Qt Thread

Some concepts of Qt Thread are subtle enough to confuse most newbies. You may have read articles about “the right way” and “the wrong way” to use Qt thread, and you may have known the programming pattern to use Qt thread. But if you do not understand the concepts thoroughly, you will definitely make your program crash and do not know where the bug is, sooner or later.

We begins with the QThread first. To execute a piece of code in a new thread, you should put the code in the re-implemented run() of QTread as follows:

class Thread:public QThread
{
  void run()
  {
    qDebug()<<"http://myprogrammingnotes.com";
  }
};

Thread t;

But do not call run() directly, as that will execute the code in the calling thread. You should call t.start(). Then run() will be automatically called, this time, in the new thread! And when the new thread starts, it will emit the start signal(in the new thread too), although I do not know the exact position the signal is emitted(we say a signal is emitted which means calling “emit somesignal()” somewhere). When run() returns, the new thread is finished, t.isFinished() will return true, and “finished” signal is emitted from the new thread although I still do not know the exact position the signal is emitted.

Now we take a further look into the “correct way” to use Qt thread.

class Worker:public QObject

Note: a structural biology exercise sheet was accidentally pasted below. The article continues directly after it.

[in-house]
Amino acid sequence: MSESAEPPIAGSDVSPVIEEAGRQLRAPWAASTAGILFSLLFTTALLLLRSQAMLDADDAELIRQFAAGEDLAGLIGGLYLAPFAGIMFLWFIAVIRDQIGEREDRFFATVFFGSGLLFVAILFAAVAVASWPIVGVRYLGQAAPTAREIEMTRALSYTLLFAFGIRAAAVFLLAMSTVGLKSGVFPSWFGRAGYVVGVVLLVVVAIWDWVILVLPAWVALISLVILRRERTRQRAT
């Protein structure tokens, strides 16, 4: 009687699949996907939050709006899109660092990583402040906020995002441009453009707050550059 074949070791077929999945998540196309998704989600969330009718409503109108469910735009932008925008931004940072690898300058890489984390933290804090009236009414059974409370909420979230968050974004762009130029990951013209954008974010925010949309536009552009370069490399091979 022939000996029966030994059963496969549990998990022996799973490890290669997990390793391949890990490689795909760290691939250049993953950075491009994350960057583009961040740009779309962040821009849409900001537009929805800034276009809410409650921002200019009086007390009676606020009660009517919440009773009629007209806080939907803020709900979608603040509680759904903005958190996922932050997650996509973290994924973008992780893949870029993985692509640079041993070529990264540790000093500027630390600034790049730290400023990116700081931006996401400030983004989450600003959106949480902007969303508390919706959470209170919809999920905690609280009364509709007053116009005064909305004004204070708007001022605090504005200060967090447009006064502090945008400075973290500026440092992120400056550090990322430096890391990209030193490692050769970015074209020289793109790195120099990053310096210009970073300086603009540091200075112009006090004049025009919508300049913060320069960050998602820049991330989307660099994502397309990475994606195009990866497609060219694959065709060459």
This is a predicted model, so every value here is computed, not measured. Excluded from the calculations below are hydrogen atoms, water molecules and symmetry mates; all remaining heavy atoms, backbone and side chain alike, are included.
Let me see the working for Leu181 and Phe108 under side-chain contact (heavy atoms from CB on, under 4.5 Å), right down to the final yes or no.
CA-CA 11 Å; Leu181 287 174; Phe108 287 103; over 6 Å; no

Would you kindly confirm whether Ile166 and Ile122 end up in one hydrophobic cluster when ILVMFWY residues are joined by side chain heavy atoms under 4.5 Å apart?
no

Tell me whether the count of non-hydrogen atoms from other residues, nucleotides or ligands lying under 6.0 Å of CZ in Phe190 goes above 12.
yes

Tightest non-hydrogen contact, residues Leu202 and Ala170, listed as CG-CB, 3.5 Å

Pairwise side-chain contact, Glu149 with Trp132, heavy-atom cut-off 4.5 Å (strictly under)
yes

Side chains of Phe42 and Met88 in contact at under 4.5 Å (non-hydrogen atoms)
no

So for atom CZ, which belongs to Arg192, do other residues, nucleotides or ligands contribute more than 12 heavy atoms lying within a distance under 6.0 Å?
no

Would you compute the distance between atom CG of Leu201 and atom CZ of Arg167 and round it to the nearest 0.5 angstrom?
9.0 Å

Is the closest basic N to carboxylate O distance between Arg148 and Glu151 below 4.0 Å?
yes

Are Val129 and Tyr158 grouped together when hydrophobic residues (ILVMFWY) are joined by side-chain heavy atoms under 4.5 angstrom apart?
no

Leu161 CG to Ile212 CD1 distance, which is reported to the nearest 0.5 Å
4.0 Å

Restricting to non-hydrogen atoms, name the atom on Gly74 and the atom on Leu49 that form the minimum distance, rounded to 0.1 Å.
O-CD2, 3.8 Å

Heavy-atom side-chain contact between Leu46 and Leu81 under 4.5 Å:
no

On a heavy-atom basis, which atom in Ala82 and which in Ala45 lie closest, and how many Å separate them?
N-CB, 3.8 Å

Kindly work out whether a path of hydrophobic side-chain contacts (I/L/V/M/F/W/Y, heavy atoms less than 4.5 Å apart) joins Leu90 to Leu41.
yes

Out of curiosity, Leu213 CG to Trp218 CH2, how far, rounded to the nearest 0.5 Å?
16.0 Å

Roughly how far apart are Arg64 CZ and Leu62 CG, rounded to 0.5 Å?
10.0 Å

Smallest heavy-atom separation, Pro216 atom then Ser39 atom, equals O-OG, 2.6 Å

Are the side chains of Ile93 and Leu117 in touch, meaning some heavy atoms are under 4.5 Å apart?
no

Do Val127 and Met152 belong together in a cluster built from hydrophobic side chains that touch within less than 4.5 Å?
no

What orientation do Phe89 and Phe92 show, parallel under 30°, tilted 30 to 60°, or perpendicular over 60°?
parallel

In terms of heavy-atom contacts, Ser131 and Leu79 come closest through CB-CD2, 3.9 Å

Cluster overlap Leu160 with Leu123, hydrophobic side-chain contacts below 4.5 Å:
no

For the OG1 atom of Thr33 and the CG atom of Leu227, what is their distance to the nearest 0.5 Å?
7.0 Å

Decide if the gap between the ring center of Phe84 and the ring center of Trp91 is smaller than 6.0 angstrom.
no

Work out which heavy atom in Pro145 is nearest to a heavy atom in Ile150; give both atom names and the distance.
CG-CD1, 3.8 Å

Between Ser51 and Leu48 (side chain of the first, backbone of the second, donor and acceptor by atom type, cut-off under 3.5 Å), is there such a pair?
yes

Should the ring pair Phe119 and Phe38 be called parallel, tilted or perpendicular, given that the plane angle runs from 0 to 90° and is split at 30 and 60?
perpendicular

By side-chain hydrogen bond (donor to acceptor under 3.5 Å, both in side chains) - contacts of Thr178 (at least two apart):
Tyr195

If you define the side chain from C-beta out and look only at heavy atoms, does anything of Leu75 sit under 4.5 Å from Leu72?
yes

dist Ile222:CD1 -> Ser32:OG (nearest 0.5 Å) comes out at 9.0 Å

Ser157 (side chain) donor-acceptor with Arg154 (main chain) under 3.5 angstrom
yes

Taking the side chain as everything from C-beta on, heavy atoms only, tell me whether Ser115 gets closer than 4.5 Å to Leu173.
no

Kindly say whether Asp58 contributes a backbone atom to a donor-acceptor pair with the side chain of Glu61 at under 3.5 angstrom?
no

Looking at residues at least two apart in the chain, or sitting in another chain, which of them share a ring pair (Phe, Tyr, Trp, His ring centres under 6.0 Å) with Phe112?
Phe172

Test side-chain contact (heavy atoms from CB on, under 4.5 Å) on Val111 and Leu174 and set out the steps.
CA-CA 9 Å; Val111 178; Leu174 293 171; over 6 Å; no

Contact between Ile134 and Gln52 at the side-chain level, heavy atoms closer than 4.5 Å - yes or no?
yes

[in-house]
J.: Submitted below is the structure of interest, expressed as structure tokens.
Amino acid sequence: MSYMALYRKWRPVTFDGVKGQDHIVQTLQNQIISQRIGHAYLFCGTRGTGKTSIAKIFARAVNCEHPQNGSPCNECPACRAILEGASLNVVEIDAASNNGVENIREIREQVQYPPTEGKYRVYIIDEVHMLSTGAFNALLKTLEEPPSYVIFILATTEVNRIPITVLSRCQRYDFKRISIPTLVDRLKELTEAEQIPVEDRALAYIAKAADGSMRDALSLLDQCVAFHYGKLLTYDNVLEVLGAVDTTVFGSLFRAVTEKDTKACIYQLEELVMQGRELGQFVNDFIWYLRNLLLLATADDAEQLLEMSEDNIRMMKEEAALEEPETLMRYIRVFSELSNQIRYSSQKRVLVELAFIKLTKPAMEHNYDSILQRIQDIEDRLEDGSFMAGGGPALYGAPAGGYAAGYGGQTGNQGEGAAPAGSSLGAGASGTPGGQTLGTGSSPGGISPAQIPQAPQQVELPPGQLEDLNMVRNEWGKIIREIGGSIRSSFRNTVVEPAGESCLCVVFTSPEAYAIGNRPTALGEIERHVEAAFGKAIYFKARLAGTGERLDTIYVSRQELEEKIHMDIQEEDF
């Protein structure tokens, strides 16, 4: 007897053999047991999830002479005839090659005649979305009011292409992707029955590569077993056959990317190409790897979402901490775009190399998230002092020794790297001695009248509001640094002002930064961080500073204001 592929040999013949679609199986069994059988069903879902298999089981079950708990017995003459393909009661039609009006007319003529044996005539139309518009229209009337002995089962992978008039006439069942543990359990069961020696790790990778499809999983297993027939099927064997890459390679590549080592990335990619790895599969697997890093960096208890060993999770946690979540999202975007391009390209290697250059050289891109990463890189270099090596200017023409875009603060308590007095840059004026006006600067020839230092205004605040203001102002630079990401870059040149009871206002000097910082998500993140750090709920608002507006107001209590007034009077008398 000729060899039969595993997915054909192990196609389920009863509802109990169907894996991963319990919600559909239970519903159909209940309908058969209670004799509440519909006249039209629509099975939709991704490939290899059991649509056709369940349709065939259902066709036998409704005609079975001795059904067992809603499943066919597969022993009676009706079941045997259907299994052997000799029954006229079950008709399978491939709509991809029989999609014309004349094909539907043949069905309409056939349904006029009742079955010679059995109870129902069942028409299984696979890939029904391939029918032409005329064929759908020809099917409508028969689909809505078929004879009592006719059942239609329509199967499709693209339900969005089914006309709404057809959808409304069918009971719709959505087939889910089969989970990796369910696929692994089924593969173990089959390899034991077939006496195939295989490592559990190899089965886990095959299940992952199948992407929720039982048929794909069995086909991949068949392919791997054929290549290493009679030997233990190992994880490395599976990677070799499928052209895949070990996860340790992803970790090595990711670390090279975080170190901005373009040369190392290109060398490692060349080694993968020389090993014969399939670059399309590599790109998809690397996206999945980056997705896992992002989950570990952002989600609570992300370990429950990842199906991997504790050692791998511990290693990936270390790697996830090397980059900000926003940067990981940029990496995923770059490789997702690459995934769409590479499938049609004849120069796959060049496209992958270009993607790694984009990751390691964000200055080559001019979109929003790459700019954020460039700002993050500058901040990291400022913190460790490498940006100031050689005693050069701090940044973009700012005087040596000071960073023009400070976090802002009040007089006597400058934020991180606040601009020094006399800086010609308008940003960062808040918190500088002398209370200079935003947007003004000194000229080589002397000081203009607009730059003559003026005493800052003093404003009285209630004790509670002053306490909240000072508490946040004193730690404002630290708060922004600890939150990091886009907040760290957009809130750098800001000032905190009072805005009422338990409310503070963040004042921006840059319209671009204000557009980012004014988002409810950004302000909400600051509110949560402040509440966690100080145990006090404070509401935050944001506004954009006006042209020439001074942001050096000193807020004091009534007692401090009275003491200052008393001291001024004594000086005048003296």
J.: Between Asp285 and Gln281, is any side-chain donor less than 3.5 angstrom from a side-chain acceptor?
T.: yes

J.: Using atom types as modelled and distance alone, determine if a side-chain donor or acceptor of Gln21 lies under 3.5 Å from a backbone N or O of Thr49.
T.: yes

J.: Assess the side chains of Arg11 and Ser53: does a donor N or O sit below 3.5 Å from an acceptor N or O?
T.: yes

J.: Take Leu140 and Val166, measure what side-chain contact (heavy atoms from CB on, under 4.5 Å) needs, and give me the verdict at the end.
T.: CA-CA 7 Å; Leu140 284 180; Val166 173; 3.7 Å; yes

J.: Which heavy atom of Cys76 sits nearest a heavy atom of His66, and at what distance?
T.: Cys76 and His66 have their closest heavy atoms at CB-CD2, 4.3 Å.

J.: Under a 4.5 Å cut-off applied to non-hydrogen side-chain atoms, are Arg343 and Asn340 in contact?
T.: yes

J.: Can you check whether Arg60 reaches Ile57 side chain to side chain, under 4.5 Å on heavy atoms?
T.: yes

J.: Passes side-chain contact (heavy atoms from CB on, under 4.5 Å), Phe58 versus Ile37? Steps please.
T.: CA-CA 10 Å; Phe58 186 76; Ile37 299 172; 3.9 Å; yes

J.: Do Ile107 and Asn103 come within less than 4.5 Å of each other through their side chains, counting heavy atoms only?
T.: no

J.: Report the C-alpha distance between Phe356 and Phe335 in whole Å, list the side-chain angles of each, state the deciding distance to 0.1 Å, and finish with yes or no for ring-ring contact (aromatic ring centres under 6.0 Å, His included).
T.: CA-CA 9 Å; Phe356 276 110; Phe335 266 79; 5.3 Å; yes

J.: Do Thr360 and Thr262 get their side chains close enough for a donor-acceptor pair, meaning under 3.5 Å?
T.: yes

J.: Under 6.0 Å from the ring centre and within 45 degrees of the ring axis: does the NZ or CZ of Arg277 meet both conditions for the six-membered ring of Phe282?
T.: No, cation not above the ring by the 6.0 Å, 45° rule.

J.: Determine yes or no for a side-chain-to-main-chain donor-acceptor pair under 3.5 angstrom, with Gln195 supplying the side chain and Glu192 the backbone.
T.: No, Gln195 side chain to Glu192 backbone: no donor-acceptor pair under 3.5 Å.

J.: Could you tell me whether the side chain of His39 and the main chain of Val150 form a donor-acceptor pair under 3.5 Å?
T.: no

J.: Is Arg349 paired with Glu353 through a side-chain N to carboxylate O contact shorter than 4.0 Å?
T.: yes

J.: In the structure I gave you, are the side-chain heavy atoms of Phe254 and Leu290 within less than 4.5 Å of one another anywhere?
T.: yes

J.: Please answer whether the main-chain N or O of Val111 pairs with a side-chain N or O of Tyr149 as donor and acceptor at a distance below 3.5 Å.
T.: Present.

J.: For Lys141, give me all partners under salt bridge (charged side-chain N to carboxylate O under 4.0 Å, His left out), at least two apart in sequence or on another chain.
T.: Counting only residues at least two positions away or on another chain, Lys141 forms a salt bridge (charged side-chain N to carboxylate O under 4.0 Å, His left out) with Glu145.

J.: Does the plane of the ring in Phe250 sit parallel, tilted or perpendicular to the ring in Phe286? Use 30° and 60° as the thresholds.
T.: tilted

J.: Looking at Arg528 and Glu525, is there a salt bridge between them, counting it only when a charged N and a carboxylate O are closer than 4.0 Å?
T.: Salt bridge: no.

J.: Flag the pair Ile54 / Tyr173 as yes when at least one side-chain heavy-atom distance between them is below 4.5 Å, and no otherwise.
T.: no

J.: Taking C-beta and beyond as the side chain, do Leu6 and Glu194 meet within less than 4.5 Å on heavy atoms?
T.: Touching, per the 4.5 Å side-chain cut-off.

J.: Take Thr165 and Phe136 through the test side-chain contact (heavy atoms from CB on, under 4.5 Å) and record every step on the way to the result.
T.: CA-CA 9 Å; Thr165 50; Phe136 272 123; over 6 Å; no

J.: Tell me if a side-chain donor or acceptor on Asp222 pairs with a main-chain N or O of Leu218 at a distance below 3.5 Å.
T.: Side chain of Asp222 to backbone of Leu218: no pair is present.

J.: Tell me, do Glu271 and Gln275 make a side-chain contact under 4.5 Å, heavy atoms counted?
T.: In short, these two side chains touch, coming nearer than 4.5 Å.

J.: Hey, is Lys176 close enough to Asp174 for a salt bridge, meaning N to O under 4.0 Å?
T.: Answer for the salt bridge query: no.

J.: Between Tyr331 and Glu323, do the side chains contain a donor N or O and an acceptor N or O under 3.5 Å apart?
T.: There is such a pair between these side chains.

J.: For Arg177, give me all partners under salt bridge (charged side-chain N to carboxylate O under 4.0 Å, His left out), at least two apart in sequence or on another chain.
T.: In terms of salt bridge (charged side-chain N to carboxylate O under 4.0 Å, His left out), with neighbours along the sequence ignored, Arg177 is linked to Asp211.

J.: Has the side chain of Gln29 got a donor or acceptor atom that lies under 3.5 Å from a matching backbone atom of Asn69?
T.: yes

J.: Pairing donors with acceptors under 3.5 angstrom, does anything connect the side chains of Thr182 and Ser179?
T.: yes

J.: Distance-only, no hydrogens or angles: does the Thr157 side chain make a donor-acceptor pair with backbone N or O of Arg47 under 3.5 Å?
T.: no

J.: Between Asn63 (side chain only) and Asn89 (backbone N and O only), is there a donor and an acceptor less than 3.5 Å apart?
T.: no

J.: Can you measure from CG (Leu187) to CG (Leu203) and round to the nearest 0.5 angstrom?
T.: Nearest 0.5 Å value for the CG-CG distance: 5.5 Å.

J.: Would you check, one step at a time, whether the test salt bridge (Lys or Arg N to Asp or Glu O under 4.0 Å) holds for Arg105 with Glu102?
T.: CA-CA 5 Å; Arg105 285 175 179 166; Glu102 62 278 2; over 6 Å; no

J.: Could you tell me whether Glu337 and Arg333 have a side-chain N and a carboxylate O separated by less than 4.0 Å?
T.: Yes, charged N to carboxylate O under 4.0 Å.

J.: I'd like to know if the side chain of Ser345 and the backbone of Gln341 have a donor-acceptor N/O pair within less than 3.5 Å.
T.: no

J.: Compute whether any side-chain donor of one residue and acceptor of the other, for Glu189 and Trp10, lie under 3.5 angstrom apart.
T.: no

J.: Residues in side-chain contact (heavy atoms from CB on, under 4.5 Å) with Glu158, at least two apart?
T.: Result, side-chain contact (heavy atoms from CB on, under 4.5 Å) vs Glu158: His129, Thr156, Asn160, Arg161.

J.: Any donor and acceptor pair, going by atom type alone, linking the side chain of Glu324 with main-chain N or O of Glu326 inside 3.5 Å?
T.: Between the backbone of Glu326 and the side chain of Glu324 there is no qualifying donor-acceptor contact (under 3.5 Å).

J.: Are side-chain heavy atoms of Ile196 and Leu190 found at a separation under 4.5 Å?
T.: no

{
  Q_OBJECT
  public slots:
  void dosomething()
  {
    qDebug()<<"http://myprogrammingnotes.com";
  }
};

QThread t;
Worker w;
w.moveToThread(&t);
connect(&t,SIGNAL(start()),&w,SLOT(dosomething()));
t.start();

We’ve known that when a thread starts, it will emit the “start” signal from that thread, and this time, a slot is w.dosomething() is connected to the signal. Because w has been moved to the thread t, “emit start()” will call w.dosomething() directly as the signal emitting thread is the same as the thread the object having that slot is living in. If w had not been moved to t, w would be living in the main thread which is different than the thread emitting the “start” signal, then  “emit start()” would queue the signal in the message queue of the main thread and w.dosomething() would be called(dispatched) sometime later from the main thread.

But what happens when dosomething() returns? Is the new thread finished? The answer is No. The “start” signal is emitted before run() and when dosomething() returns, run() begins which enters an event loop(this is the default implementation of QThread::run()). The new thread is still in the running state. You can call t.isRunning() to check the thread state. So how to make the new thread finished? You can emit a signal at the end of dosomething() and connect it to the thread’s quit() slot, i.e.,

class Worker:public QObject
{
  Q_OBJECT
public slots:
  void dosomething()
  {
    qDebug()<<"http://myprogrammingnotes.com";
    emit finished();
  }

signals:
  void finished();

};

QThread t;
Worker w;
w.moveToThread(&t);
connect(&t,SIGNAL(start()),&w,SLOT(dosomething()));
connect(&w,SIGNAL(finished()),&t,SLOT(quit()));
t.start();

Note that the “finished” signal is emitted from the new thread and t belongs to(or, is living in) the main thread(as it is created in the main thread.), so “emit finished();” and t.quit() are executed asynchronously, which means when dosomething returns, t.quit() may not be called yet. But very soon, t.quit() is called from the main thread while the new thread is now in the event loop. After t.quit() is called, the new thread exits from the event loop and finishes.

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